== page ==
A Christmas present for my friends and readers. Go to Smashwords where this ff short story is free. Continue reading
The story is dedicated to smallhobbit, a friend in real life and on social media, who entertains me with her fanfic offerings and whose birthday falls on Halloween. The house in the story is real; I live in it. The characters and plot are based on something I wrote some years ago, but recently rewrote and edited extensively.
Adam ran quickly upstairs. Time had passed while he was putting the finishing touches to Ewan’s costume for the Hallowe’en party tonight and he hadn’t noticed, lost in considering how to attach the tail and horns so that a six year old would be unlikely to dislodge them. He was due at the school gates in ten minutes and and Ewan would cry if he was late again. Then the other parents, mostly mums, would tut and frown and mutter about children with two dads having problems. Mentally slapping himself for being such an irresponsible parent, he dashed into the bedroom and grabbed his coat. It was still October for just under twelve hours, but the temperatures were threatening frost, and since the hour had gone back it was almost dark when the children came out of school.
Oh no! He simply had to post the birthday card he’d made for his mother last night and it was up in his craft room in the attic. Two at a time wasn’t really an option on the steep narrow stairs from the spare bedroom but he did try to hurry.
And came out into a loft space full of strangers. Strangers working at cramped benches in an atmosphere of smelly chemicals and damp felt. Well, the house wasn’t called Hatters’ Court for nothing and he was tired. Maybe his brain was taking liberties. He knew the loft had been part of a communal workspace, accessible from the whole terrace. The previous owners had found a hat form and bobbins when they were renovating. Maybe the card could wait till later; there was a post at 5.30. He and Ewan could go for a walk to the postbox. There’d be plenty of time before the party.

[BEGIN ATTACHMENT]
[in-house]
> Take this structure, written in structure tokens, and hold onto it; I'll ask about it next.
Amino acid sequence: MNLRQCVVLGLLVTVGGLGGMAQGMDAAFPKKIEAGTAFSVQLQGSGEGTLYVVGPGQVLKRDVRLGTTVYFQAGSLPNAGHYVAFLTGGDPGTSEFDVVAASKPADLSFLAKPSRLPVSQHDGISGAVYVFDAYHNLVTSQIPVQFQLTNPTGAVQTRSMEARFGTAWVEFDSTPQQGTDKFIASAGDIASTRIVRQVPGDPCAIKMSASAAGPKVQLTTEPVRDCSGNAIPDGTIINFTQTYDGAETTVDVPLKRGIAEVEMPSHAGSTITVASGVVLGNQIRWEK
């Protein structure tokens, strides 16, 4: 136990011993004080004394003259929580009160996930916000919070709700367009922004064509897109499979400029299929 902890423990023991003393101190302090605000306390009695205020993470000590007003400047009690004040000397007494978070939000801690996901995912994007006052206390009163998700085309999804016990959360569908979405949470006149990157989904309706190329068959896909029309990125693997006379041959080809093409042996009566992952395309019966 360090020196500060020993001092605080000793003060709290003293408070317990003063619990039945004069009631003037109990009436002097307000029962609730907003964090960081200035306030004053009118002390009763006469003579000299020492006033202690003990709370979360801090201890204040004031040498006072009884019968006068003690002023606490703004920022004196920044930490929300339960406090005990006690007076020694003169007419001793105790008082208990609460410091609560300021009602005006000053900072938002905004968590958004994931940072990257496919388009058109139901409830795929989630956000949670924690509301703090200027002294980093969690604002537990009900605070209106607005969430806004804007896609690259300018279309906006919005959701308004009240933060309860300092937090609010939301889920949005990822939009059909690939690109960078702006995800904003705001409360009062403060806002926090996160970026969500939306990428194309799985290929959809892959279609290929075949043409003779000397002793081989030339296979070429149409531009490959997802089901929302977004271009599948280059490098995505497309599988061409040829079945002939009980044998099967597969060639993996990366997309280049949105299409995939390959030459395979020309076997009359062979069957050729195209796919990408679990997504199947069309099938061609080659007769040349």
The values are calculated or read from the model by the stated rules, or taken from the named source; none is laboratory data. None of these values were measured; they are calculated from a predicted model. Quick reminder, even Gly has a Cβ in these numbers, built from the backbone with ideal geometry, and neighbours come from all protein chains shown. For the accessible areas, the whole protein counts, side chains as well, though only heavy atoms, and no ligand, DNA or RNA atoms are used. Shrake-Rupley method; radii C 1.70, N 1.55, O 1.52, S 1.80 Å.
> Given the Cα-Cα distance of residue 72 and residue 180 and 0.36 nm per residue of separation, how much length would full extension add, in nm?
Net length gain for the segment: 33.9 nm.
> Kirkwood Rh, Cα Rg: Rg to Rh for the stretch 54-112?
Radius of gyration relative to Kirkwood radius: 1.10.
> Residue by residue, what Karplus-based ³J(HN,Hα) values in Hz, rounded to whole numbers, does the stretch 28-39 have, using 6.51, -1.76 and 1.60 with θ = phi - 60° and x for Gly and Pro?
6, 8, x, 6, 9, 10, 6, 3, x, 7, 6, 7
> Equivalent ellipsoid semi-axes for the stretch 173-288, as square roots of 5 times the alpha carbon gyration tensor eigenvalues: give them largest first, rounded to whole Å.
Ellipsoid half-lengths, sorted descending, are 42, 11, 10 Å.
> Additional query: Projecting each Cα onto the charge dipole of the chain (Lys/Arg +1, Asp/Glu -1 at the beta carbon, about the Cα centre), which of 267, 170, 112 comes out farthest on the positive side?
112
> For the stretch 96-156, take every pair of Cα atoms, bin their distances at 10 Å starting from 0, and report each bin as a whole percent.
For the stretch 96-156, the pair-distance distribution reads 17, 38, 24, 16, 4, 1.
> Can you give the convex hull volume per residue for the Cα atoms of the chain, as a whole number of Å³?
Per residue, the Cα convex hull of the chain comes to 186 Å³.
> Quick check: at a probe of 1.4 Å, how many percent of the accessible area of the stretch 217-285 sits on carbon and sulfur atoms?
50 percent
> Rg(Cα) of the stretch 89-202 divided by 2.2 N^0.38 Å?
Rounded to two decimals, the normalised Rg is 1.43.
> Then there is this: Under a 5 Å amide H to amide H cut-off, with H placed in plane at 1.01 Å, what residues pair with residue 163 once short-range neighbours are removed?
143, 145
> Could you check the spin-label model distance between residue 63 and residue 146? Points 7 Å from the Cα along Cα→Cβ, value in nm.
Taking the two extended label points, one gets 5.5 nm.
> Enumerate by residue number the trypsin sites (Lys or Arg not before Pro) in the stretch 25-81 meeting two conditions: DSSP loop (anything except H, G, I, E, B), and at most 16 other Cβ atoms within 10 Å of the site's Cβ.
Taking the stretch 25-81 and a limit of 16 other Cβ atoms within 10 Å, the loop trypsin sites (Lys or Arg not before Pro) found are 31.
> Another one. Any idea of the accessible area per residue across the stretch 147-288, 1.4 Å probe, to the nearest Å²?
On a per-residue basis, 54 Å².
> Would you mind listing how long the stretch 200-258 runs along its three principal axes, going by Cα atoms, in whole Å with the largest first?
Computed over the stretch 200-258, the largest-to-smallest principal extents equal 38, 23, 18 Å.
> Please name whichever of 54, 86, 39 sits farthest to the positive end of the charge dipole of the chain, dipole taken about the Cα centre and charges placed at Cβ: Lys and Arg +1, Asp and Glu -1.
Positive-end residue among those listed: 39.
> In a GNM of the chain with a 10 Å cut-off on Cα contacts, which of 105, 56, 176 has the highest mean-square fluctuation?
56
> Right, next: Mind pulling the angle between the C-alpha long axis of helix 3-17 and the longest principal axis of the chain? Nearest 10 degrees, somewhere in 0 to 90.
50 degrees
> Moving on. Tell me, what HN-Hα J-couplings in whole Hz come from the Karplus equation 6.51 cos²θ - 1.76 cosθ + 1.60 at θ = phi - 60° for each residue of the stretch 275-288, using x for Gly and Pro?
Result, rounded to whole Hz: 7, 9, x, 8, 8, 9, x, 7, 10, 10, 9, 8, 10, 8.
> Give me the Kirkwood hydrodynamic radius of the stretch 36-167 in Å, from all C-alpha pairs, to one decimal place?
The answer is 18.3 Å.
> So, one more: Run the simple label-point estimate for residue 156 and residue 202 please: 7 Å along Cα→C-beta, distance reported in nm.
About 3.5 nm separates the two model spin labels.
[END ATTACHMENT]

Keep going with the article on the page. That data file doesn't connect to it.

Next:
He backed but didn’t quite make the stairs. A fatherly looking man in shapeless clothes took his elbow and ushered him to a bench.
“I know you’ve just lost your wife, dear, but you really must try to be at work on time. Those kiddies of yours depend on just your wages, now, don’t they?” It wasn’t a question so much as a threat, made softly but very firmly. And the man was all too solid. Not, definitely not, a figment of an overwrought imagination.
The other men at his bench were busy, their fingers impossibly entwined in felt and thread and needles. He watched them for a moment then gasped as a hat, or rather, the makings of a hat, was thrust into his hands.
“Come on, Timothy. Stop day dreaming. And get a move on.” The words were rough but spoken quite kindly and Adam stared at the speaker. About his own age. Badly dressed and careworn, but pleasant looking, with blue eyes and fair hair, a bit like his friend Mike. Very like Mike in fact. A joke? A hoax for Hallowe’en? Surely not at hometime. Mike would be there now. Maybe he’d pick Ewan up, take him home to wait for his idiot father. The other parents never looked critical when they regarded Mike, but then they didn’t know he was gay, too, just that he was a writer, and worked at home, and was therefore free to pick up Callum. Mike’s partner Dave had died in a road accident when Callum was a baby.